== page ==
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A dietary carotenoid reduces immunopathology and enhances longevity through an immune depressive effect in an insect model

Authors
  • Dhinaut, Julien
  • Balourdet, Aude
  • Teixeira, Maria
  • Chogne, Manon
  • Moret, Yannick
Type
Published Article
Journal
Scientific Reports
Publisher
Springer Nature
Publication Date
Sep 29, 2017
Volume
7
Issue
1
Identifiers
DOI: 10.1038/s41598-017-12769-7
Source
Springer Nature
License
Green

Abstract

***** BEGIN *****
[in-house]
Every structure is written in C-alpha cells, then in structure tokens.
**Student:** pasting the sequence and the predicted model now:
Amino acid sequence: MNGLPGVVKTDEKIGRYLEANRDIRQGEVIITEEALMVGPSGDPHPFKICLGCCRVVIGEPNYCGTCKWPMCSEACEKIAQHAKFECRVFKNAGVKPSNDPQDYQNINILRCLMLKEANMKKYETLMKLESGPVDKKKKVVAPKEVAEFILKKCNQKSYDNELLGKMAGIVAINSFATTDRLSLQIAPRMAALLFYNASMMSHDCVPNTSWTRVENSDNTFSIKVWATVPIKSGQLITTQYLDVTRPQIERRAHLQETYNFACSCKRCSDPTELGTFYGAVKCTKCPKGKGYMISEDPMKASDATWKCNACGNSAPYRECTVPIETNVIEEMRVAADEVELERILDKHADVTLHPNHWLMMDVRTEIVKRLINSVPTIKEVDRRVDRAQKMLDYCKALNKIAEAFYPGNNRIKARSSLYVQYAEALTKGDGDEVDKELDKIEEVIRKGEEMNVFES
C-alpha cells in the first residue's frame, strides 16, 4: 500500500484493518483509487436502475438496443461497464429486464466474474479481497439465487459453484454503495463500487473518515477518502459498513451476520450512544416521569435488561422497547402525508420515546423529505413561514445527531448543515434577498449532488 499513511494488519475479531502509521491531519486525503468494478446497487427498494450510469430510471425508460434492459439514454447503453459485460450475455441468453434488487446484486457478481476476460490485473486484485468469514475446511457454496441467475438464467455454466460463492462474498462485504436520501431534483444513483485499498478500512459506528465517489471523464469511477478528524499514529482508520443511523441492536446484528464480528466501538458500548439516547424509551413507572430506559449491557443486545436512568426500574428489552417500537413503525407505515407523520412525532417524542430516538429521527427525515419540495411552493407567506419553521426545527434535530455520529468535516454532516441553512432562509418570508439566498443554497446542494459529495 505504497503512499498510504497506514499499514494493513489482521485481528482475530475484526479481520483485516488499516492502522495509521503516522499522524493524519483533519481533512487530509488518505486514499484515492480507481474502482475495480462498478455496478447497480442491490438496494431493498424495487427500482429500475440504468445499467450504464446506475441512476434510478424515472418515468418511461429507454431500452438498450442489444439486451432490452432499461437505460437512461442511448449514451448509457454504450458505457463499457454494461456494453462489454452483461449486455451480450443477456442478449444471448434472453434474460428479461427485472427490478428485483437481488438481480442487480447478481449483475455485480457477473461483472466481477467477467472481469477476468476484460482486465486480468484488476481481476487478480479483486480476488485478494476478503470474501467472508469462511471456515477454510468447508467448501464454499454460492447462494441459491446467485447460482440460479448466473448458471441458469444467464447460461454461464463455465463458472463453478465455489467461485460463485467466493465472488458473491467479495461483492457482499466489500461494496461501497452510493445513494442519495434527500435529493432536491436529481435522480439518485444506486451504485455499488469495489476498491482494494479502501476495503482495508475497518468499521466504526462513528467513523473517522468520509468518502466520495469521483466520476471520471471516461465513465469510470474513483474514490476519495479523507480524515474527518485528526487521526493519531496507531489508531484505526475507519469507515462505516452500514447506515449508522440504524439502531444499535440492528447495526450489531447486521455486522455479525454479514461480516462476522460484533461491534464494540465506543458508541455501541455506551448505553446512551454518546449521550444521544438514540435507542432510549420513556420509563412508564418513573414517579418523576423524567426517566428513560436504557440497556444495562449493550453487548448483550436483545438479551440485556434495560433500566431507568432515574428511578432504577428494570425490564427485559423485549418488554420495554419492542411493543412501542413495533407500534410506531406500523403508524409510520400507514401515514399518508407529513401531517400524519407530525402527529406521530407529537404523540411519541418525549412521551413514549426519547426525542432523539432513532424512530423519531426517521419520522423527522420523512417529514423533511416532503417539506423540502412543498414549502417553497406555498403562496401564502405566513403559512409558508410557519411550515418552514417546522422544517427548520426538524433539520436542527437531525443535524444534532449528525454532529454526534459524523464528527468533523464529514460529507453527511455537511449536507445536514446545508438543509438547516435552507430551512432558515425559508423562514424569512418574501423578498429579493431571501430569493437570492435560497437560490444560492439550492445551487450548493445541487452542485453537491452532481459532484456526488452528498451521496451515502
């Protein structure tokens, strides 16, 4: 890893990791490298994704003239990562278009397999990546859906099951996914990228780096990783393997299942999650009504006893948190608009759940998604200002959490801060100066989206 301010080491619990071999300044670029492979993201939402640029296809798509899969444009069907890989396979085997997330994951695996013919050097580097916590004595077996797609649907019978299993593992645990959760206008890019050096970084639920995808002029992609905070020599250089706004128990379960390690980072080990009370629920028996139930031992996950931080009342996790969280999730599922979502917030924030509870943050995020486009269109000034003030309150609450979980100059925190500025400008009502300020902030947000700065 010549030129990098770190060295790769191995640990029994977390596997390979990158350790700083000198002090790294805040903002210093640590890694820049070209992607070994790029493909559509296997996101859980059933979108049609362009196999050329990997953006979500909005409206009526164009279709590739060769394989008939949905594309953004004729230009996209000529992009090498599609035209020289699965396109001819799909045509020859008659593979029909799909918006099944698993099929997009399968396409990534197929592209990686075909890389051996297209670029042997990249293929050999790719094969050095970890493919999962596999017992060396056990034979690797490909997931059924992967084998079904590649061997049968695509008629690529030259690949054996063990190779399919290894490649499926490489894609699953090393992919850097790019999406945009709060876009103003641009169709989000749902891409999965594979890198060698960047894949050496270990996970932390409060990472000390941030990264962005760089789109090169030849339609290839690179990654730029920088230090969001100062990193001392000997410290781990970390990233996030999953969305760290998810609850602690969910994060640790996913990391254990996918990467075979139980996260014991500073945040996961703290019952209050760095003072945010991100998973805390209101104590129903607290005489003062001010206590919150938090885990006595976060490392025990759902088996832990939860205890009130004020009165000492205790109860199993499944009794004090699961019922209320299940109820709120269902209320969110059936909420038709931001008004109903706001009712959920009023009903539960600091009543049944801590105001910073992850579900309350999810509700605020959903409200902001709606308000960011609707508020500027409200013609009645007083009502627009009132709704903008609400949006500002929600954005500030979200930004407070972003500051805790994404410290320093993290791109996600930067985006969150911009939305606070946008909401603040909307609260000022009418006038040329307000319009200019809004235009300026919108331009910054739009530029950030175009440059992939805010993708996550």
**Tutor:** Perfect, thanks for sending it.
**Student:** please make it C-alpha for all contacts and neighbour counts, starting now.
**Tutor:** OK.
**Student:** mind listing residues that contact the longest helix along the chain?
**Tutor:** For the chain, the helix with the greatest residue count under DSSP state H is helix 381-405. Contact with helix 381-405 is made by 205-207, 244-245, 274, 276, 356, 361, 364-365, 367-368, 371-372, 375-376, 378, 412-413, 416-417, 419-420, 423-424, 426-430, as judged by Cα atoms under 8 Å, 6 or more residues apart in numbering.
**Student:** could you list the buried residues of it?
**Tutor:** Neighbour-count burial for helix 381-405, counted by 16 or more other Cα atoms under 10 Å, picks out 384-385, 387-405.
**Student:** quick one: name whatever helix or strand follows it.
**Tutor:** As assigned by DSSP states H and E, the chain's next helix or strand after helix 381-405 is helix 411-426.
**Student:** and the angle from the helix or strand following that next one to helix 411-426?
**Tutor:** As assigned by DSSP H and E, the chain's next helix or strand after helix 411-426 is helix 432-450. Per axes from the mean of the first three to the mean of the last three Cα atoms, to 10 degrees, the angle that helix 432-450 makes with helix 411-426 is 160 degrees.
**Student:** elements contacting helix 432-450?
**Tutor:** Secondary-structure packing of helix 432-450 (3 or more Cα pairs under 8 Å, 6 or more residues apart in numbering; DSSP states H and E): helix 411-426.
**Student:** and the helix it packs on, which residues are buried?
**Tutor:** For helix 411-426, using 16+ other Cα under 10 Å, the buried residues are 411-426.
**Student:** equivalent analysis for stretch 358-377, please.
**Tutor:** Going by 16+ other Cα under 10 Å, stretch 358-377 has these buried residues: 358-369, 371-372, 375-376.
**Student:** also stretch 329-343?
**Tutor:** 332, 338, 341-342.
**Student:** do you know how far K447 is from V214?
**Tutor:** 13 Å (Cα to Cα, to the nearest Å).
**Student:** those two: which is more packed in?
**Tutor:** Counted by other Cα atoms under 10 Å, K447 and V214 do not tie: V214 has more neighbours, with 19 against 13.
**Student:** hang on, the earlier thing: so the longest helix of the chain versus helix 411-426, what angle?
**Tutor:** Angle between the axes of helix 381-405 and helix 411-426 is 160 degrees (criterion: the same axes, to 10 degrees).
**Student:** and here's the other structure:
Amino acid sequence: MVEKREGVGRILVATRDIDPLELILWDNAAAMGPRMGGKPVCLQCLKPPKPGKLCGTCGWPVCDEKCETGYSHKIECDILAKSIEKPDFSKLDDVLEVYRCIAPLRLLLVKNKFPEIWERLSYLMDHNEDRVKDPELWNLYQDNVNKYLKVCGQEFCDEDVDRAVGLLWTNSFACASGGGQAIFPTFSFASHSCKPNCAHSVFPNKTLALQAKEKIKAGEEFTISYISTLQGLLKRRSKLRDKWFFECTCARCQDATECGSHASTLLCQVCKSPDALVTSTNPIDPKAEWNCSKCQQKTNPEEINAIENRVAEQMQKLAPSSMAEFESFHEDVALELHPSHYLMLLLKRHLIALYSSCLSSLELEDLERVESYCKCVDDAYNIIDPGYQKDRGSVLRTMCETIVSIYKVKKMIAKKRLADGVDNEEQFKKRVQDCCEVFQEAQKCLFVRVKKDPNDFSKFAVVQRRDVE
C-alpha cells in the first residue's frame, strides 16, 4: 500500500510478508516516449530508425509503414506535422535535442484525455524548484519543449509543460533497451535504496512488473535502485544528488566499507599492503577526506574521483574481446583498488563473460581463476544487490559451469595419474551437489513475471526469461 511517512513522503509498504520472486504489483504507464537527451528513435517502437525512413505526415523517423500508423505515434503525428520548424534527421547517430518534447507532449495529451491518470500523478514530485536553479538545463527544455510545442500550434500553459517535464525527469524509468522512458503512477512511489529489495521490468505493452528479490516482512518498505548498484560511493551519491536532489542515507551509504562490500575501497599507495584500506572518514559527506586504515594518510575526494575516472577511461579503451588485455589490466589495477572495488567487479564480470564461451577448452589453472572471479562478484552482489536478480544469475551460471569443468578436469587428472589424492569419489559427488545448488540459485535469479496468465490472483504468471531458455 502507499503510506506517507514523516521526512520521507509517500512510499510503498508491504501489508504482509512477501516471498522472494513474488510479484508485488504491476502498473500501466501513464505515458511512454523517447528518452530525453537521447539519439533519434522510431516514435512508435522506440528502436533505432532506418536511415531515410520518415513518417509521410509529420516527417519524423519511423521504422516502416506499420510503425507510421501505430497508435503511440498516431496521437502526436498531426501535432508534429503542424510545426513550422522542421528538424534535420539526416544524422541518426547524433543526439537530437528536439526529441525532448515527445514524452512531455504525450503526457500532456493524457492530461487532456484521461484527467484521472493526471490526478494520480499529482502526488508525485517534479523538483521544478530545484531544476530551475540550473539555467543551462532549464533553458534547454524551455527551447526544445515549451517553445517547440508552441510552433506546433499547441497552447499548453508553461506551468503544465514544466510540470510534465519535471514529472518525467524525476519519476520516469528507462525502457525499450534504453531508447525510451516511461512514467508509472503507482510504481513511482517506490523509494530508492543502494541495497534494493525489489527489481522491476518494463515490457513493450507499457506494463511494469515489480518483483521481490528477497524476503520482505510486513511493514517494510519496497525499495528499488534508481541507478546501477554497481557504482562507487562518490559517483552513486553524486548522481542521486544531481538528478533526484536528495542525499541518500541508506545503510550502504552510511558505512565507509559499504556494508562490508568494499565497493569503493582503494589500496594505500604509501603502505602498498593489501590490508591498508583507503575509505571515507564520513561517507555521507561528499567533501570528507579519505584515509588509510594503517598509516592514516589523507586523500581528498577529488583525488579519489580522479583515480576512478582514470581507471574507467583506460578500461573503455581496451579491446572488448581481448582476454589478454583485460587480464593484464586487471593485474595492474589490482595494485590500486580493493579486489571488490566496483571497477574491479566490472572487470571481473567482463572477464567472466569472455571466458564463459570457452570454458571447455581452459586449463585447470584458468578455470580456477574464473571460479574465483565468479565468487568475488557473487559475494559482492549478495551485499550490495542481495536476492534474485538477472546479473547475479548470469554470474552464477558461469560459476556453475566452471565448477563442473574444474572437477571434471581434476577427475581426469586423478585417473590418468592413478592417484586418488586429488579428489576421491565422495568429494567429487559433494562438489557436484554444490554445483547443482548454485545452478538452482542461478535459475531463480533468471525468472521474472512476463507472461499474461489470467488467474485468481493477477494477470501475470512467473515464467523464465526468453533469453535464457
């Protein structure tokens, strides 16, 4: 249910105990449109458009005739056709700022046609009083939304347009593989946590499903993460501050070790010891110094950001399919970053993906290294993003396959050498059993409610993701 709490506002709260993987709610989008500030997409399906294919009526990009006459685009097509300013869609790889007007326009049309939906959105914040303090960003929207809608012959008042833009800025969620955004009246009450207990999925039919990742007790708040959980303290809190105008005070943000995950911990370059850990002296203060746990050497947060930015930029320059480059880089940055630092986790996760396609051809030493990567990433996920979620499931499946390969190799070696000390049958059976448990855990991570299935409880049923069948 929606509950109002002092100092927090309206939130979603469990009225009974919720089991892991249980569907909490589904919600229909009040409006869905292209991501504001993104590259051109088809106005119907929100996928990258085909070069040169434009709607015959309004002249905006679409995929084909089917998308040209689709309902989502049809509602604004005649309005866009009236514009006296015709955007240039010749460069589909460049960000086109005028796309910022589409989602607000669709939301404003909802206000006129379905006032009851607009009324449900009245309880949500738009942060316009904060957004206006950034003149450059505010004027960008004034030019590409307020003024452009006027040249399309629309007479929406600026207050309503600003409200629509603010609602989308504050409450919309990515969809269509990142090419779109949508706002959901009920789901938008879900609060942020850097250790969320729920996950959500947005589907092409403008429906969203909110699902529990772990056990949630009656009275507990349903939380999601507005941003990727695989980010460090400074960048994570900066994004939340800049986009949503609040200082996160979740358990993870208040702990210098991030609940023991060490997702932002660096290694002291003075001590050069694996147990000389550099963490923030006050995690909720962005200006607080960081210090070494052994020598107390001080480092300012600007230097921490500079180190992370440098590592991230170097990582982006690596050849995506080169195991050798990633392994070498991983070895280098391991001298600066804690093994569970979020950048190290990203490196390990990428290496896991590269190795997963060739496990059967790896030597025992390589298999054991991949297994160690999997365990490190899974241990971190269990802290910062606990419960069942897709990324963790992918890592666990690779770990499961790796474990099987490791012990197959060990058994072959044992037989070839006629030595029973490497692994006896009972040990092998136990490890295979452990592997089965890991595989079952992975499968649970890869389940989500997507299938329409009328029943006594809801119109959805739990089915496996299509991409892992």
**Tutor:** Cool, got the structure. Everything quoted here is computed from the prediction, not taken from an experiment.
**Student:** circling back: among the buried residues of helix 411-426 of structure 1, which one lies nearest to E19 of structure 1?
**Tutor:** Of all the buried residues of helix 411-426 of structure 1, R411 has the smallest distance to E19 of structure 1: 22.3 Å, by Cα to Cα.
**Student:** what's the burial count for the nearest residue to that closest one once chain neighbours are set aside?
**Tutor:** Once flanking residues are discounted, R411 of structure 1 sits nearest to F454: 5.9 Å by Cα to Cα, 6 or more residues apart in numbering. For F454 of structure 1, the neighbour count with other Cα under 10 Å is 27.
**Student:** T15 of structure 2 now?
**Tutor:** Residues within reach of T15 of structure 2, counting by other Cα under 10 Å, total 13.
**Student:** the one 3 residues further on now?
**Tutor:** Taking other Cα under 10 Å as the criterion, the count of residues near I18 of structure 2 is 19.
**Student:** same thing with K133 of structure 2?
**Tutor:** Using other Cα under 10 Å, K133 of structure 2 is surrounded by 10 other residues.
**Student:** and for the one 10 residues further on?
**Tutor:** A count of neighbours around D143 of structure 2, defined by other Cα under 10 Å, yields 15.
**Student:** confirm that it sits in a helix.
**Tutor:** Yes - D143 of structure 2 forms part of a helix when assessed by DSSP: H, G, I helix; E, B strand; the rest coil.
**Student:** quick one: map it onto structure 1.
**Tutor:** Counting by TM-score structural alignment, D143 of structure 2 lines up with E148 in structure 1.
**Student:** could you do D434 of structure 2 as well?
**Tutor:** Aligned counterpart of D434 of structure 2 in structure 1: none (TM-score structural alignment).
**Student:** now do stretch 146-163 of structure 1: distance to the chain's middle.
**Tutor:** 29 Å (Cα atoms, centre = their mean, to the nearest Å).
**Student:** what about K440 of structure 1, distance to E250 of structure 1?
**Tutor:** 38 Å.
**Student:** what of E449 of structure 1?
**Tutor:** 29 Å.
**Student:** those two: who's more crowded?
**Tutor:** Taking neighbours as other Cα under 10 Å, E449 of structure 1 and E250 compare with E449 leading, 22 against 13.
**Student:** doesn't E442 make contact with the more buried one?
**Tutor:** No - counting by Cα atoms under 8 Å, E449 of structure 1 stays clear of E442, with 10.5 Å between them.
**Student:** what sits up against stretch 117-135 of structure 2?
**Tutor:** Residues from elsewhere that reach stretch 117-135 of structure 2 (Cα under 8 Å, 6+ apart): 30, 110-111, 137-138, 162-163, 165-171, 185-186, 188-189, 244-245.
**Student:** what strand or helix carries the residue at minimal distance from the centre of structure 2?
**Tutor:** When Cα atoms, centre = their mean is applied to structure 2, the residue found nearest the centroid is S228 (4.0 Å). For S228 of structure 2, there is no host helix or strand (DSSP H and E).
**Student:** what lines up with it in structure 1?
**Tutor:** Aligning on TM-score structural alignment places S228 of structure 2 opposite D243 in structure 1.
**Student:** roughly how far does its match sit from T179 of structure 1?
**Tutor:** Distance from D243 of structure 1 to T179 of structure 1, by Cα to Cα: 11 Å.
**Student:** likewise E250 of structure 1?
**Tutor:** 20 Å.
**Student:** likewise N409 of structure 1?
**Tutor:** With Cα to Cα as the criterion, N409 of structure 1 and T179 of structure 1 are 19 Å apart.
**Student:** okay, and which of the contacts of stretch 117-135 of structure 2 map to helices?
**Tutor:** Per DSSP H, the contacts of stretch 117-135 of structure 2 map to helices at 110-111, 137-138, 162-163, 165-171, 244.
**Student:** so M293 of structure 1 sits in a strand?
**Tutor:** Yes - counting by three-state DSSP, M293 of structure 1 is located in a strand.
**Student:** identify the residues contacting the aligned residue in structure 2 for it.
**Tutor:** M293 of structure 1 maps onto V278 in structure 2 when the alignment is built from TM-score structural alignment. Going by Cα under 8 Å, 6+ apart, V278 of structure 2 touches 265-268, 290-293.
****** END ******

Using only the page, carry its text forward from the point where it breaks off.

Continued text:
Immunopathology corresponds to self-damage of the inflammatory response, resulting from oxidizing molecules produced when the immune system is activated. Immunopathology often contributes to age-related diseases and is believed to accelerate ageing. Prevention of immunopathology relies on endogenous antioxidant enzymes and the consumption of dietary antioxidants, including carotenoids such as astaxanthin. Astaxanthin currently raises considerable interest as a powerful antioxidant and for its potential in alleviating age-related diseases. Current in vitro and short-term in vivo studies provide promising results about immune-stimulating and antioxidant properties of astaxanthin. However, to what extent dietary supplementation with astaxanthin can prevent long-term adverse effects of immunopathology on longevity is unknown so far. Here, using the mealworm beetle, Tenebrio molitor, as biological model we tested the effect of lifetime dietary supplementation with astaxanthin on longevity when exposed to early life inflammation. While supplementation with astaxanthin was found to lessen immunopathology cost on larval survival and insect longevity, it was also found to reduce immunity, growth rate and the survival of non immune-challenged larvae. This study therefore reveals that astaxanthin prevents immunopathology through an immune depressive effect and can have adverse consequences on growth.

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